BACKGROUND: Patients with acute respiratory failure are at risk of deterioration during prehospital transport. Ventilatory support with continuous positive airway pressure (CPAP) can be initiated in the prehospital setting. The objective of the study is to evaluate adherence to treatment and effectiveness of CPAP as an addition to standard care. METHODS: In North Denmark Region, patients with acute respiratory failure, whom paramedics assessed as suffering from acute cardiopulmonary oedema, acute exacerbation of chronic obstructive pulmonary disease or asthma were treated with CPAP using 100 % O2 from 1 March 2014 to 3 May 2015...
October 10, 2016: Scandinavian Journal of Trauma, Resuscitation and Emergency Medicine
Jae Hoon Cho, Hyun Jun Kim
PURPOSE: The aim of the study was to investigate cardiopulmonary coupling (CPC) as a tool for evaluating the efficacy of continuous positive airway pressure (CPAP) in the treatment of obstructive sleep apnea (OSA). METHOD: The medical records of patients who had undergone either standard polysomnography (PSG-only group, n = 62) or split-night CPAP titration (CPAP titration group, n = 115) due to habitual snoring or sleep apnea were analyzed. RESULT: The apnea-hypopnea index, CPC variables, and sleep stage (%) during the first 2 h of the sleep study did not differ between the PSG-only and CPAP titration groups...
October 8, 2016: Sleep & Breathing, Schlaf & Atmung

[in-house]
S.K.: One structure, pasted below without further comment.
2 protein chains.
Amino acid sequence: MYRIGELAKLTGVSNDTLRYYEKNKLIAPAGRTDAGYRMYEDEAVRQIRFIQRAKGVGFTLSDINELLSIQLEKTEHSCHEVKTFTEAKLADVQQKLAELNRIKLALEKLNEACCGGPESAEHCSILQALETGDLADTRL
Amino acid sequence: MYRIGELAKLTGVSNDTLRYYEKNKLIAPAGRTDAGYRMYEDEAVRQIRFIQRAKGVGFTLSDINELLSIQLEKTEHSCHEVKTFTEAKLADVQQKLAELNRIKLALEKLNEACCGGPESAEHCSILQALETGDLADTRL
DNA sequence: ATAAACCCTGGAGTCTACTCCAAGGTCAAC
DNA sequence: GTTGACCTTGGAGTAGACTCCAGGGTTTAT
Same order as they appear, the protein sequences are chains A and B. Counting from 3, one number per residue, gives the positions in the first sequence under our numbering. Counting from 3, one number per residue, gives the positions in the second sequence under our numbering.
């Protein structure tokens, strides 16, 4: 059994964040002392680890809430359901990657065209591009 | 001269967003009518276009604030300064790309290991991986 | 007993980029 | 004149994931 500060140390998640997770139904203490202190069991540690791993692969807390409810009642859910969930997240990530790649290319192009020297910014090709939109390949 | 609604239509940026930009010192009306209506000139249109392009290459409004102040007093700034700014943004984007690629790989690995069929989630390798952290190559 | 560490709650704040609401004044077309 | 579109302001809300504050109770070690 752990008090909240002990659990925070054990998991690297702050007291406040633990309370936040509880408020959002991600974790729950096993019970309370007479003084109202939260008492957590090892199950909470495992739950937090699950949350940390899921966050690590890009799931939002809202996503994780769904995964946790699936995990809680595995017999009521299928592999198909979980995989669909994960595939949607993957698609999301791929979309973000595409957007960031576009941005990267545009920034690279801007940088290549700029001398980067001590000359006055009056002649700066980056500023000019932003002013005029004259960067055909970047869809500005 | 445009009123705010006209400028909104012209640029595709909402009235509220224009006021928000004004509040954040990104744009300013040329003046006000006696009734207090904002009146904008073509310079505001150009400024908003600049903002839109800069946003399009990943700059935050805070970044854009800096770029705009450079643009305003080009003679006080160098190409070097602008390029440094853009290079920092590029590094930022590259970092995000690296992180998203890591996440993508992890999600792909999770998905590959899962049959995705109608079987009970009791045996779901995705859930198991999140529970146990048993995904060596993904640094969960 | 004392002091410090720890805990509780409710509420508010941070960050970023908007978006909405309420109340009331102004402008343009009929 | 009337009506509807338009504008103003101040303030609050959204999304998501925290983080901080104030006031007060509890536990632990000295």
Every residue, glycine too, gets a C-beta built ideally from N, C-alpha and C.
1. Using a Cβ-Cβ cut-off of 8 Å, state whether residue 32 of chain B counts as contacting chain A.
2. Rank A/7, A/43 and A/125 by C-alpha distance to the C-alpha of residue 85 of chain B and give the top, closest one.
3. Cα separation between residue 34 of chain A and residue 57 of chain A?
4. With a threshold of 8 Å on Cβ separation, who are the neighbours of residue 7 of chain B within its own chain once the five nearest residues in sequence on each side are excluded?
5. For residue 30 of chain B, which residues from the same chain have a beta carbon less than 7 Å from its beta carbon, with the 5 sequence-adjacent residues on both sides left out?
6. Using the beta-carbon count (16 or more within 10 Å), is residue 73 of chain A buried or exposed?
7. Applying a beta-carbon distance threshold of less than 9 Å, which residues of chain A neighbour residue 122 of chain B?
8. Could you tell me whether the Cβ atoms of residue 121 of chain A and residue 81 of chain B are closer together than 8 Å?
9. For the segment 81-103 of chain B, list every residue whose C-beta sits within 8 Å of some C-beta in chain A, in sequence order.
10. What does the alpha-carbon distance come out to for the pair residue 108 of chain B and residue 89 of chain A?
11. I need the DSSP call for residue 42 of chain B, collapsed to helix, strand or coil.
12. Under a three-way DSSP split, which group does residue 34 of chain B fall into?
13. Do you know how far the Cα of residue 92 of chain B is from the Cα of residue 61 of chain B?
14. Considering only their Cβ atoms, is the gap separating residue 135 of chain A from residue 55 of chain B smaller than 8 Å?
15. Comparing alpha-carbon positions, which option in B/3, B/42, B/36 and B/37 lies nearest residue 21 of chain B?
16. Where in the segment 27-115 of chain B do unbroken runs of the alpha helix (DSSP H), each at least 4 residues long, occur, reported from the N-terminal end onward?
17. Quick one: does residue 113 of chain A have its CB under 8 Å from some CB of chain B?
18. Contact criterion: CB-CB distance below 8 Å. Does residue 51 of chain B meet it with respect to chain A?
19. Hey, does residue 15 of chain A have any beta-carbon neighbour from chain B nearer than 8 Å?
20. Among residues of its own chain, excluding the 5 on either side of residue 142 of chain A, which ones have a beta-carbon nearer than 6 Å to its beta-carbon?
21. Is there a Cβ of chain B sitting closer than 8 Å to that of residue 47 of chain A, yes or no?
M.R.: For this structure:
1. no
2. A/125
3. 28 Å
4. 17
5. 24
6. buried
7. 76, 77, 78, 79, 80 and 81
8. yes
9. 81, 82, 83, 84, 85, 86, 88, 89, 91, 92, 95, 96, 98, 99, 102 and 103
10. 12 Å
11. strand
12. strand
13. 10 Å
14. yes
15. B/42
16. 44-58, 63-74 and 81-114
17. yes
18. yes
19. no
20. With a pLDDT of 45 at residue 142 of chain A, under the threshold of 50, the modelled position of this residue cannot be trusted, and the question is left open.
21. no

Samuel A Mickelson
Obstructive sleep apnea is a common condition, primarily caused by narrowing of the nasal and pharyngeal airway. Treatment with continuous positive airway pressure (CPAP) is considered the first line of therapy, but long-term compliance is only about 40%, often because of nasal obstruction. Any nasal obstruction can worsen CPAP compliance. Treatment of the nasal obstruction with topical nasal steroid sprays or nasal dilators has been shown to improve sleep disordered breathing. Surgical treatment of nasal obstruction, has been shown to improve sleep disordered breathing, as well as CPAP requirement and compliance with CPAP...
October 6, 2016: Otolaryngologic Clinics of North America
Christian M Horvath, Stephan Zbinden, Sebastian R Ott, Anne-Kathrin Brill
A 43-year-old man was referred to our tertiary sleep center for the initiation of sleep apnea treatment. A prior diagnostic overnight polysomnography (Fig 1) had revealed an apnea-hypopnea index (AHI) of 22/h of sleep. The apneas were predominantly central (central AHI, 18.2/h; obstructive AHI, 3.8/h), more pronounced in the supine position (AHI supine, 36.6/h; AHI nonsupine, 11/h) and during non-rapid eye movement (non-REM) sleep (REM, 15.8/h; non-REM, 23.5/h). A continuous positive airway pressure (CPAP) trial in an outpatient setting had failed, as the fixed CPAP of 11 cm H2O was not tolerated by the patient because of a feeling of lightheadedness when wearing the mask...
October 2016: Chest
Katarzyna Foryś, Mariusz Foryś, Katarzyna Piotrowicz
The obstructive sleep apnea (OSA) is a mortality risk factor of the cardiovascular system diseases. One of the elements of this relationship is the occurrence of nocturnal cardiac arrhythmias. The arrhytmias in question are resistant to drug therapy so it is suggested to consider electrotherapy. However, the coexistence of OSA and thus recurrent episodes of nocturnal hypoxia, may have significant impact on the diagnosis and the treatment applied as shown in the following cases. In some cases, the decision of electrotherapy should be preceded by the use of therapy with continuous positive airway pressure (CPAP)...
2016: Wiadomości Lekarskie: Organ Polskiego Towarzystwa Lekarskiego